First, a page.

I have also found that my experience with the Bible is much richer when the Bible becomes not just a codebook, but a casebook. The Bible is a record of men and women who struggled to understand God. They made progress in that understanding and lost ground and wrestled with these questions in the same way that I do. Furthermore, the Bible is a story of God’s response of never-ending love and compassion towards all of us, both sinner and saint. But unfortunately we miss (or underplay) this important aspect of the Bible when we treat it as if it’s ultimate job is to tell us what we should and should not do. The Bible should raise more questions than it answers, we should be seeing the lessons that come from reading the bigger picture, and then we come together in community and wrestle with those things together.
The second reason the Scriptures exist is given to us directly by Jesus in John 5. He says that we search the Scriptures… but these are they which testify of Me. The Bible is supposed to engender a desire for a relationship with Christ. The whole point of the Bible is to lead us to a real and true relationship with Jesus, not just knowledge of Him and what He wants. The relationship is an actual thing, just like a relationship with any human being. But Jesus also makes an interesting statement in verse 40. He says that “you are unwilling to come to Me so that you may have life.” What is it that makes us unwilling to come to Christ and have that real relationship? Why do we stop at a relationship with the Bible instead of pushing to the Messiah of whom the Bible testifies? I think there are two answers. First, we’re afraid. There is a fear that if we get into a real relationship with Christ, He will ask us to do something harder than what we think He wants from us. It is so much easier to look at the Bible and do what we think He wants instead of actually finding out what He wants from Him. Second, having a relationship with Jesus is hard in the actual sense. Jesus is not visible in the same way that our loved ones are. Having a relationship with the divine and intangible stretches our faith beyond the bounds of comfort. It is so much easier to have a relationship with this tangible book that we can see, read, touch, feel, and beat others over the head with to make ourselves feel superior. It’s easier to wrap ourselves in the Bible and use it to separate ourselves from people, to use the Bible as a shield so that we don’t have to wrestle with other people’s frailties and pain – or our own.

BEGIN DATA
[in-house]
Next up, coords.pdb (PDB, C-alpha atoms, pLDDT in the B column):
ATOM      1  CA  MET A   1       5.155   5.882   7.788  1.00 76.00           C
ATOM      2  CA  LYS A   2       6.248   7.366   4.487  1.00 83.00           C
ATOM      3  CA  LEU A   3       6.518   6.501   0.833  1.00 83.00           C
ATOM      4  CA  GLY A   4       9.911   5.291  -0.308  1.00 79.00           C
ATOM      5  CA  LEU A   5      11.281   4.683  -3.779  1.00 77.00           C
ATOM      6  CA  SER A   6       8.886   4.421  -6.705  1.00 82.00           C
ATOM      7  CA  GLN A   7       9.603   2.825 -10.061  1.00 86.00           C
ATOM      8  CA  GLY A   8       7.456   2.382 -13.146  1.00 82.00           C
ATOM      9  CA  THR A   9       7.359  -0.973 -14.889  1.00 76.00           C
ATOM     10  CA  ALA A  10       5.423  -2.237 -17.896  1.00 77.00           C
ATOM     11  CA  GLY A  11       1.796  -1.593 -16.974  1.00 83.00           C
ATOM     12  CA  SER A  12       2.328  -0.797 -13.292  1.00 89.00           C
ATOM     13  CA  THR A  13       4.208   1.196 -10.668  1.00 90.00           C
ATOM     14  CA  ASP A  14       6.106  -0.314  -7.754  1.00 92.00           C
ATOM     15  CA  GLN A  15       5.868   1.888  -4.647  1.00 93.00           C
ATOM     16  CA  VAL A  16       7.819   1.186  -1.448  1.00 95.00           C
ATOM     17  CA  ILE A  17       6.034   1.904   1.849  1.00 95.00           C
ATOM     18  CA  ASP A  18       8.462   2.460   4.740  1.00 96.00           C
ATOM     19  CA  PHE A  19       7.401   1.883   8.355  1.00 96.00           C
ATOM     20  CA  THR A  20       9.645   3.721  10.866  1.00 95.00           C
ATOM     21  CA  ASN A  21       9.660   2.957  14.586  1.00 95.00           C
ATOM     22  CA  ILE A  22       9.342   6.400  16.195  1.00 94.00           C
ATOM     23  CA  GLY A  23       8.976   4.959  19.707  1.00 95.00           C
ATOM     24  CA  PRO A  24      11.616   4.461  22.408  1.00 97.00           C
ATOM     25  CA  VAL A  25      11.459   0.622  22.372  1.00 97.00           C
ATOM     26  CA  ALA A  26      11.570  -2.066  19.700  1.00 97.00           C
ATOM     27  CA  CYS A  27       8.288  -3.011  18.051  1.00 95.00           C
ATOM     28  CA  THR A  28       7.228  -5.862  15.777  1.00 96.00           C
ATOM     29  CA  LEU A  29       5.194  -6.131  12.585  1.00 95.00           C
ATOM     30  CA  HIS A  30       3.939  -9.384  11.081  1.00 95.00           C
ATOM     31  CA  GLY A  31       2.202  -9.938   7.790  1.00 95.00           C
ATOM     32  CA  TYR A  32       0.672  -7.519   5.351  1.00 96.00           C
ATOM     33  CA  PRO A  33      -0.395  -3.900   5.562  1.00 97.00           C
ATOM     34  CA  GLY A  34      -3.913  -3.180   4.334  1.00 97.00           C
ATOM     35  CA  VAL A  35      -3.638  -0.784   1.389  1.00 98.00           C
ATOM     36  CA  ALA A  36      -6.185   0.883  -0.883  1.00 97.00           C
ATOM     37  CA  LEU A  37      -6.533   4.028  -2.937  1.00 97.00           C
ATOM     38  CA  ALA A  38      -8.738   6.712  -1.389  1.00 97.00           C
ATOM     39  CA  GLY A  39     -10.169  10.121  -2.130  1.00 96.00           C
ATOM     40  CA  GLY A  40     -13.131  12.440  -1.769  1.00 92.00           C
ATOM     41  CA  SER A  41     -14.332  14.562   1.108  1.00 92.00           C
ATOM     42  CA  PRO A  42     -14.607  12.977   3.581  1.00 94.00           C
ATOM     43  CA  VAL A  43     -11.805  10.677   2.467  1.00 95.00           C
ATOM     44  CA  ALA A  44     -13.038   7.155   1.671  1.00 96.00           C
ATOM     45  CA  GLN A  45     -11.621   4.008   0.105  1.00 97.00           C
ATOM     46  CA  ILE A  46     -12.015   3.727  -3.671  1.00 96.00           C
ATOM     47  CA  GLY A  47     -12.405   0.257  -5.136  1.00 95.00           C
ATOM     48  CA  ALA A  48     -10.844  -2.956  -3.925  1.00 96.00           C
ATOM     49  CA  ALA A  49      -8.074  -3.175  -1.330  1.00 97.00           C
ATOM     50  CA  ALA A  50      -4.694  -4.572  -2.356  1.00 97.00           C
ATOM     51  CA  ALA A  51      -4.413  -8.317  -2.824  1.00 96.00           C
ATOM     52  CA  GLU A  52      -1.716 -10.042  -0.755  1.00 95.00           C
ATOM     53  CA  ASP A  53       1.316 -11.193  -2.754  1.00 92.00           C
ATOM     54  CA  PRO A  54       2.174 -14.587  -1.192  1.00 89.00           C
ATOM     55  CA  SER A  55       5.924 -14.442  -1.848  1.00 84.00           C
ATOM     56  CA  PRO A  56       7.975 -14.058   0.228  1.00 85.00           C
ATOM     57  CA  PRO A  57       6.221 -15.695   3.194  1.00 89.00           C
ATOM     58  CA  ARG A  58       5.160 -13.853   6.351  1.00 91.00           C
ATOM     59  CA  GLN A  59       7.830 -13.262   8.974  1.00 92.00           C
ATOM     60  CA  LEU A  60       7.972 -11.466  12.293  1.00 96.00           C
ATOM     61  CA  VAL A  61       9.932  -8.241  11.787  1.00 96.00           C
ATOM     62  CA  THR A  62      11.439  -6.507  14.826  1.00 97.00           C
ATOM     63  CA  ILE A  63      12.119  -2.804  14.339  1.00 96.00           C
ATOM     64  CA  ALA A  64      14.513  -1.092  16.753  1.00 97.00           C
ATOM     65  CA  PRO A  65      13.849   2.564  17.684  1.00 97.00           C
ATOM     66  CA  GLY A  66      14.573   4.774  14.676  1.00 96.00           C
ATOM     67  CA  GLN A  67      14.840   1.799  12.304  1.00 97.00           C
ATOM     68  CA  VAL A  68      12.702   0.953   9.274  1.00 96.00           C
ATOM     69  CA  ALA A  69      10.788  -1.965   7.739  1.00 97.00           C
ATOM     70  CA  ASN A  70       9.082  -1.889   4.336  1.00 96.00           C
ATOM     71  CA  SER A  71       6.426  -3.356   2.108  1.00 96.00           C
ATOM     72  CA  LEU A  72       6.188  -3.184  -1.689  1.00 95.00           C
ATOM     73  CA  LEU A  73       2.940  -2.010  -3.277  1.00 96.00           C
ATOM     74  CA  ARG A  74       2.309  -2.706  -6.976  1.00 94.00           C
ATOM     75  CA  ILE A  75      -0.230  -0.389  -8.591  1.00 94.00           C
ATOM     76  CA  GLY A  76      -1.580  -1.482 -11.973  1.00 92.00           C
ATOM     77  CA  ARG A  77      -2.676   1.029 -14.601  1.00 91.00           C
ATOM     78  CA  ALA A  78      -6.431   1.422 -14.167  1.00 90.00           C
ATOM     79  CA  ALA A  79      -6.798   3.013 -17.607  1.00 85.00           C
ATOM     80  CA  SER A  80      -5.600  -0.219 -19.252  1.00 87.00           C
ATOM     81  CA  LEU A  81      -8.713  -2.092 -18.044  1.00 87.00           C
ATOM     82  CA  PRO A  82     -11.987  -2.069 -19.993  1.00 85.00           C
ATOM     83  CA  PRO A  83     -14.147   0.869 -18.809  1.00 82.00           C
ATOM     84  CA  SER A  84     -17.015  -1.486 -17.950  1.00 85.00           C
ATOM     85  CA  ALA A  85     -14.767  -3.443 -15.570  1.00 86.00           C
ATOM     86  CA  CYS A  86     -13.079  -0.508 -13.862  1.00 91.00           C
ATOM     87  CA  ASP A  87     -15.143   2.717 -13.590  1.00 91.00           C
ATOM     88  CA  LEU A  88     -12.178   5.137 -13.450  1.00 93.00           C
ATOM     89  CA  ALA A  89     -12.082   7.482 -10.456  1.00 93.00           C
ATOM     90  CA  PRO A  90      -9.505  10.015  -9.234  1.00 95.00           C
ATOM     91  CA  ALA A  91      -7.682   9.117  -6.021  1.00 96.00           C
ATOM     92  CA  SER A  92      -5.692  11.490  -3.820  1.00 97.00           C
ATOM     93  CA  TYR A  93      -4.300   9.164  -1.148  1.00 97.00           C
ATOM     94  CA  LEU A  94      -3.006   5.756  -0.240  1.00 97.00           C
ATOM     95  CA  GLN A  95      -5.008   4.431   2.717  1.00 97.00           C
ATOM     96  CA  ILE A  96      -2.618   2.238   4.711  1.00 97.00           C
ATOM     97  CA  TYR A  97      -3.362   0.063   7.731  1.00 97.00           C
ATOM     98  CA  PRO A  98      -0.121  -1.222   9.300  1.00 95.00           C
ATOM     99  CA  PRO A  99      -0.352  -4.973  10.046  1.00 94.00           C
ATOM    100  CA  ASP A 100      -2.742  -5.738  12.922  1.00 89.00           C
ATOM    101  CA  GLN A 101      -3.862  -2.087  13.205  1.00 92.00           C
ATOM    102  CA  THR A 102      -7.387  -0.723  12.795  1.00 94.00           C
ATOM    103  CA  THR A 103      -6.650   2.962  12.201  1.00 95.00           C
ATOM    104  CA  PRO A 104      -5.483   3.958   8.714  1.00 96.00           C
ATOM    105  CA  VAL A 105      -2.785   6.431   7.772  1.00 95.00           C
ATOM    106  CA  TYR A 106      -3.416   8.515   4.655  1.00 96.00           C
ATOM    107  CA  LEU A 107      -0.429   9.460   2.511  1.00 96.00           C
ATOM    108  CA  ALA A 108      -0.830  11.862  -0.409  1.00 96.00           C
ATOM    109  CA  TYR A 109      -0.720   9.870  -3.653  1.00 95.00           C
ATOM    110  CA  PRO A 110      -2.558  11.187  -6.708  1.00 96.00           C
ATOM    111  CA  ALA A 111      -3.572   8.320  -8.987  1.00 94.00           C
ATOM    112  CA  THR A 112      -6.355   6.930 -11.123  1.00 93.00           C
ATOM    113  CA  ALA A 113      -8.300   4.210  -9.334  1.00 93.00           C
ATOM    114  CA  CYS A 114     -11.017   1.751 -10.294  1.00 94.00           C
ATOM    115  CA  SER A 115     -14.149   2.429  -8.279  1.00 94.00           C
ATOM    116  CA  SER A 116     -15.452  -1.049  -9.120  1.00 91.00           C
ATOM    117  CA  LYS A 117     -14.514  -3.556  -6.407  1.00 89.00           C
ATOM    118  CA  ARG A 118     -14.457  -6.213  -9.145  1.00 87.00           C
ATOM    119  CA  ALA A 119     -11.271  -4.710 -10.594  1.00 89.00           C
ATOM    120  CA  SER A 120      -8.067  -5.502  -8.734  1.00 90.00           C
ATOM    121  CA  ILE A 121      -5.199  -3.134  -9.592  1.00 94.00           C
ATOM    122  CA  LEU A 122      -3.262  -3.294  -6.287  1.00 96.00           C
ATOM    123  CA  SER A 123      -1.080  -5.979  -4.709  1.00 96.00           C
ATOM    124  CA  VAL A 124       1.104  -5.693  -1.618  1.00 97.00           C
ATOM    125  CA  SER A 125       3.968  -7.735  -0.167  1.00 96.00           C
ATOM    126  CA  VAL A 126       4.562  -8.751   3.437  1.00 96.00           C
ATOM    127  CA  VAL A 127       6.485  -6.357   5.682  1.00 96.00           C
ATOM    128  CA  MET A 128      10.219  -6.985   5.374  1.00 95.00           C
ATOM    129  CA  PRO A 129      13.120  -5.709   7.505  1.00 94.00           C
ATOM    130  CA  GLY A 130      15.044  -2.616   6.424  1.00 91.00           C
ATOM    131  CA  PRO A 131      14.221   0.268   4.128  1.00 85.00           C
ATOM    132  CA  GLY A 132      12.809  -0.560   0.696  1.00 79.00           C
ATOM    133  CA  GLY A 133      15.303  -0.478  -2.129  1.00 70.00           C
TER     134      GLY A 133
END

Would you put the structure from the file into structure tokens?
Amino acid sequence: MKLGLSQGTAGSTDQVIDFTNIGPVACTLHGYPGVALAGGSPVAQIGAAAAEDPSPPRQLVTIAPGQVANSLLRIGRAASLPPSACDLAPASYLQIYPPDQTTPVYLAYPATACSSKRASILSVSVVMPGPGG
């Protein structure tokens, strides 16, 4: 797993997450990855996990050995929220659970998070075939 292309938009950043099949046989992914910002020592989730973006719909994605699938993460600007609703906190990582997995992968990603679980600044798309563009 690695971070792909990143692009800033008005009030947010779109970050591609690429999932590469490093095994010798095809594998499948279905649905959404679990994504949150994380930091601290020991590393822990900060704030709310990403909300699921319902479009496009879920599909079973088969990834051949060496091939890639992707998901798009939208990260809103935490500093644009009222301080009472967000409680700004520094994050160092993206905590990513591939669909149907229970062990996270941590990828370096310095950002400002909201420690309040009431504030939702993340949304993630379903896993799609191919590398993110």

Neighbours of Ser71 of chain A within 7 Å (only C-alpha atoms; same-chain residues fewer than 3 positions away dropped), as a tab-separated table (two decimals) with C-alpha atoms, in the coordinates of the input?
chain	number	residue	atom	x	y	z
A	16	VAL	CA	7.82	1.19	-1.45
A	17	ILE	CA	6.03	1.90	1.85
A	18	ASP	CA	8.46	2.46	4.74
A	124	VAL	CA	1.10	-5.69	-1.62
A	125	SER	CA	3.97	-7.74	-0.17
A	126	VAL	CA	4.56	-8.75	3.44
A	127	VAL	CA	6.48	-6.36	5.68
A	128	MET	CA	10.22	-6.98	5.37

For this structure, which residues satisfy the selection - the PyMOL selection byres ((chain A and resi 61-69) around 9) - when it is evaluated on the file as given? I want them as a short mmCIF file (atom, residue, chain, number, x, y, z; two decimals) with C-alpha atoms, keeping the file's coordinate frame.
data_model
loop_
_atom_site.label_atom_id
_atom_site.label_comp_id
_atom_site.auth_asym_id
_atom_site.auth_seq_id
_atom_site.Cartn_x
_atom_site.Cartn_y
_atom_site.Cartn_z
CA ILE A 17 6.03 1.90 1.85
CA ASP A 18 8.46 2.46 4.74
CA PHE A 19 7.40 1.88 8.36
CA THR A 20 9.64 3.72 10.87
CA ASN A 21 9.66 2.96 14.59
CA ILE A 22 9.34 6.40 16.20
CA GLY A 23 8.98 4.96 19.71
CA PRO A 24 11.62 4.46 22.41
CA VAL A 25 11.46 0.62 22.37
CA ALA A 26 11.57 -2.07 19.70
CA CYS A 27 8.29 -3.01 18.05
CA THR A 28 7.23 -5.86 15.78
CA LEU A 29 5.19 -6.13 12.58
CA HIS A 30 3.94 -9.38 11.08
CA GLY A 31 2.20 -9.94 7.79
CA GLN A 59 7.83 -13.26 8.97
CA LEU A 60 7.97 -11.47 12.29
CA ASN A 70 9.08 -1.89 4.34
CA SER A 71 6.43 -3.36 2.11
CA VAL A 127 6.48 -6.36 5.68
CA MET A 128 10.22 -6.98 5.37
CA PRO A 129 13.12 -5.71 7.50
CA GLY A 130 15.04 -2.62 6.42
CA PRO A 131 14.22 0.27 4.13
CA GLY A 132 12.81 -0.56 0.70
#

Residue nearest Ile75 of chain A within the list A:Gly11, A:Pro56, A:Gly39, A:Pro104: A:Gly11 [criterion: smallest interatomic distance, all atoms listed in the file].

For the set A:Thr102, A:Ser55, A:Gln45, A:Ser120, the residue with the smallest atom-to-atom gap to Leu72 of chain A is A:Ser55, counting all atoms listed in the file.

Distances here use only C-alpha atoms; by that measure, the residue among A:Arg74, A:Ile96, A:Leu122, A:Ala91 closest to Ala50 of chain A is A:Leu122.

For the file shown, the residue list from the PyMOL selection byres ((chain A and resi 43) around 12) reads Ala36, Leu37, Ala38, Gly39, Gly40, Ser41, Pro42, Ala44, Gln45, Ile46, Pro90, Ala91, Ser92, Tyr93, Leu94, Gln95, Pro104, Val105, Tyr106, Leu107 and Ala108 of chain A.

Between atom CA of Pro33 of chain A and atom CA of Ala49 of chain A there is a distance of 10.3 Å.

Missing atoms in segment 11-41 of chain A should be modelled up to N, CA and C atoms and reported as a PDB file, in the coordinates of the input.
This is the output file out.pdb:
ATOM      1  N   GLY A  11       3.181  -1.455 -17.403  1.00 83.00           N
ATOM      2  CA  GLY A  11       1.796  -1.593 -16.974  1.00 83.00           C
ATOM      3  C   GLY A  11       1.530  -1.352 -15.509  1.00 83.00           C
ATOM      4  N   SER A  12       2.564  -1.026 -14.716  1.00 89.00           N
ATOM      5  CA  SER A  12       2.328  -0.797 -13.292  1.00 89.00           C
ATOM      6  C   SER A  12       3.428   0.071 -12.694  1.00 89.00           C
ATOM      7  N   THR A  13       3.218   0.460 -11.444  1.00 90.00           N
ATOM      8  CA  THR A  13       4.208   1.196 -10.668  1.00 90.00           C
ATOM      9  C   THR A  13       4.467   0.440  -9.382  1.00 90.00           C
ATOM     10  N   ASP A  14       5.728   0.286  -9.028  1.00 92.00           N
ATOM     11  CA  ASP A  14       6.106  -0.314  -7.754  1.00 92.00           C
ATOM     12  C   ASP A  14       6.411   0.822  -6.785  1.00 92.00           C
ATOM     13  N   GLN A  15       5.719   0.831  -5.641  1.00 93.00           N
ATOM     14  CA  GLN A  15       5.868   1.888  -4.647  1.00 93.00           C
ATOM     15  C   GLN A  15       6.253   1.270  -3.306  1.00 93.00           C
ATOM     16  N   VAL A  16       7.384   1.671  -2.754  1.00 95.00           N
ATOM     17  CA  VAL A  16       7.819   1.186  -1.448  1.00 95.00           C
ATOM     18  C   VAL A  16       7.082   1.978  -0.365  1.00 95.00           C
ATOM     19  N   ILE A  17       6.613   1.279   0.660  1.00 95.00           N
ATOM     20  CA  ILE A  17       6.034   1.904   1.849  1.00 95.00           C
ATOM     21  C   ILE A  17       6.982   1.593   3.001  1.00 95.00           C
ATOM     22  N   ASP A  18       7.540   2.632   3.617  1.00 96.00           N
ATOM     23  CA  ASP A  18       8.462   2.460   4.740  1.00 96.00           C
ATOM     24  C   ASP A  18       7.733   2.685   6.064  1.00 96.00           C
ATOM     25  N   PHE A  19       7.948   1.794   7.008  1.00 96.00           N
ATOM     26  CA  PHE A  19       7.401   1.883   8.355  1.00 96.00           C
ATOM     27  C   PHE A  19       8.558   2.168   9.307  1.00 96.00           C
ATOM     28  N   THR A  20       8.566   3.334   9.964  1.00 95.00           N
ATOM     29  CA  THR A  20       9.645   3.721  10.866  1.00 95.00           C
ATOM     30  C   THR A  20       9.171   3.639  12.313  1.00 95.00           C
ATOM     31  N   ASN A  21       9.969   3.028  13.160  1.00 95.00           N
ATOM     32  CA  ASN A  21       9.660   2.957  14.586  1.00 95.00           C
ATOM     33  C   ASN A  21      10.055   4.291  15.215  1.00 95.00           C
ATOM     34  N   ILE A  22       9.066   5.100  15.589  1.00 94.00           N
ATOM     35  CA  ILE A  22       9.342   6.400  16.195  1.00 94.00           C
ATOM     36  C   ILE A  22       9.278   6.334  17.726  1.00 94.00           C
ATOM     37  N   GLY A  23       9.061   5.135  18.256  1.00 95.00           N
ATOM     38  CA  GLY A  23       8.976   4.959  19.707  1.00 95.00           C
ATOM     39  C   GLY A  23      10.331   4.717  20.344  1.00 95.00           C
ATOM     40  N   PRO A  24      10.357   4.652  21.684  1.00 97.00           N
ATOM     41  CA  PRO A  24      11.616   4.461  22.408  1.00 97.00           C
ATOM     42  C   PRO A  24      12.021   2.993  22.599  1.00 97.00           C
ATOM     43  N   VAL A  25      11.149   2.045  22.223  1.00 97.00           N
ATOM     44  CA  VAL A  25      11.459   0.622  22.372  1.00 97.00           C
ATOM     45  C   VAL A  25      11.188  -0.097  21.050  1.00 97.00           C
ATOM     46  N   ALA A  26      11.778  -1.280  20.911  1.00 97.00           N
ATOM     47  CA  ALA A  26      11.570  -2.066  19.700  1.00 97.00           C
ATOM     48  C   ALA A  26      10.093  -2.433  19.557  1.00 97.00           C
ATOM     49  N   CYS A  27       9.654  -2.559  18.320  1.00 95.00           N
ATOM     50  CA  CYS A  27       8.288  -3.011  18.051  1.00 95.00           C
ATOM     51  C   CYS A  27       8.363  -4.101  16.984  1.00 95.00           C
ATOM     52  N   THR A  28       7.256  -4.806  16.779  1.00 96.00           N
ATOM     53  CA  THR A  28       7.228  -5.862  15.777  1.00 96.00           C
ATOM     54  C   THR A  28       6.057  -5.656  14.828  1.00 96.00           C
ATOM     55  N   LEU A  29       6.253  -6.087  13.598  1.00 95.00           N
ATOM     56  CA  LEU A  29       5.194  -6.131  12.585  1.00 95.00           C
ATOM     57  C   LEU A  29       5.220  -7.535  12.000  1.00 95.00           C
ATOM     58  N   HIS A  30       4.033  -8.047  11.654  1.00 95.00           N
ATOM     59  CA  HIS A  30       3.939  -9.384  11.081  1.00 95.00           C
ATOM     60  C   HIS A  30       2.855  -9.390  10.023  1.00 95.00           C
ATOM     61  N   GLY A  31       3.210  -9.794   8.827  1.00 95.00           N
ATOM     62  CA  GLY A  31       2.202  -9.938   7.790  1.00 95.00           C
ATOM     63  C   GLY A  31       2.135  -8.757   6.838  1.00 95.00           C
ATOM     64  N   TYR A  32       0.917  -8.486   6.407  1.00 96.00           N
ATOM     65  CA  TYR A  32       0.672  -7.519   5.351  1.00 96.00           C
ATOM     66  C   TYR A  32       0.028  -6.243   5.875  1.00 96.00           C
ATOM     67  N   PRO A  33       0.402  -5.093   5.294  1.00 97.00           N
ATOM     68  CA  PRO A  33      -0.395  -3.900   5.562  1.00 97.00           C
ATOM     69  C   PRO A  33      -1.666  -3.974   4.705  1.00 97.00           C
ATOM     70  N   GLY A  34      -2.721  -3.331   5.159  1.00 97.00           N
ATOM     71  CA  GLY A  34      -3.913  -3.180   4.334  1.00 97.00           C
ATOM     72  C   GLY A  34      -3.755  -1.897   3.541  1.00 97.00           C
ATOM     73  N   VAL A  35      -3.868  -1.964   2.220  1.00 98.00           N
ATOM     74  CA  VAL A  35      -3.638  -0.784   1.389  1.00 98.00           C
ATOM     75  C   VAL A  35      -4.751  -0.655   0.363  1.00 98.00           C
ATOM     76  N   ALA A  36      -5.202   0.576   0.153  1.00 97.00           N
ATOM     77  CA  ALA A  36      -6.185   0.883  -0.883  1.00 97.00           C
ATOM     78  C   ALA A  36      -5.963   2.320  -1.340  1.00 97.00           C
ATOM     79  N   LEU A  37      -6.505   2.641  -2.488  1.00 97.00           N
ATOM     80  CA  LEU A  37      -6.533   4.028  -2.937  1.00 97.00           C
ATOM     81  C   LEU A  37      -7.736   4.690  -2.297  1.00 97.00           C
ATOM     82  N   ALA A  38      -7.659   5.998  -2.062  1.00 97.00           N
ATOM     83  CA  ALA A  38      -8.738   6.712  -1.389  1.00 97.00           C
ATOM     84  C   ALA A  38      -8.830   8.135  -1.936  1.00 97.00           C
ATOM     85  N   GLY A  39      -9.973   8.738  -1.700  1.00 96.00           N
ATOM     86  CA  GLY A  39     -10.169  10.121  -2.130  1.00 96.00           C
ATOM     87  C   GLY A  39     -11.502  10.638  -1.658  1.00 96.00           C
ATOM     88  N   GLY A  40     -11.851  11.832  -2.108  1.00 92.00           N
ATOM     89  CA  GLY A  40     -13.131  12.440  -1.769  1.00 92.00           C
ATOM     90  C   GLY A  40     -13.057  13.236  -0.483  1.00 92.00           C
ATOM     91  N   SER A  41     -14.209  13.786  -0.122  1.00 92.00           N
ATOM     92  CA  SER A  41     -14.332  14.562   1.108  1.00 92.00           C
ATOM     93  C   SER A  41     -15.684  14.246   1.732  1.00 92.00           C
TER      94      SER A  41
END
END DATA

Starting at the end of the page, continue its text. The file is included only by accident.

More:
It’s kind of ironic that we use the Bible so often to stifle the very thing that the Bible is ultimately for – relationships. First, the Bible is a conduit by which we have a relationship with Jesus. But when we begin to use the Bible more as a casebook as opposed to a codebook, when we begin to formulate the questions that the Bible presents to us, it leads us to come together as a community. We come together as a community not to browbeat each other or measure our holiness by each other, but to share what we have seen in God’s word and praise the great God that we have all come to know. I long for the day when the Bible can be the thing that brings us together in relationship with God and one another, instead of being the very thing that divides us.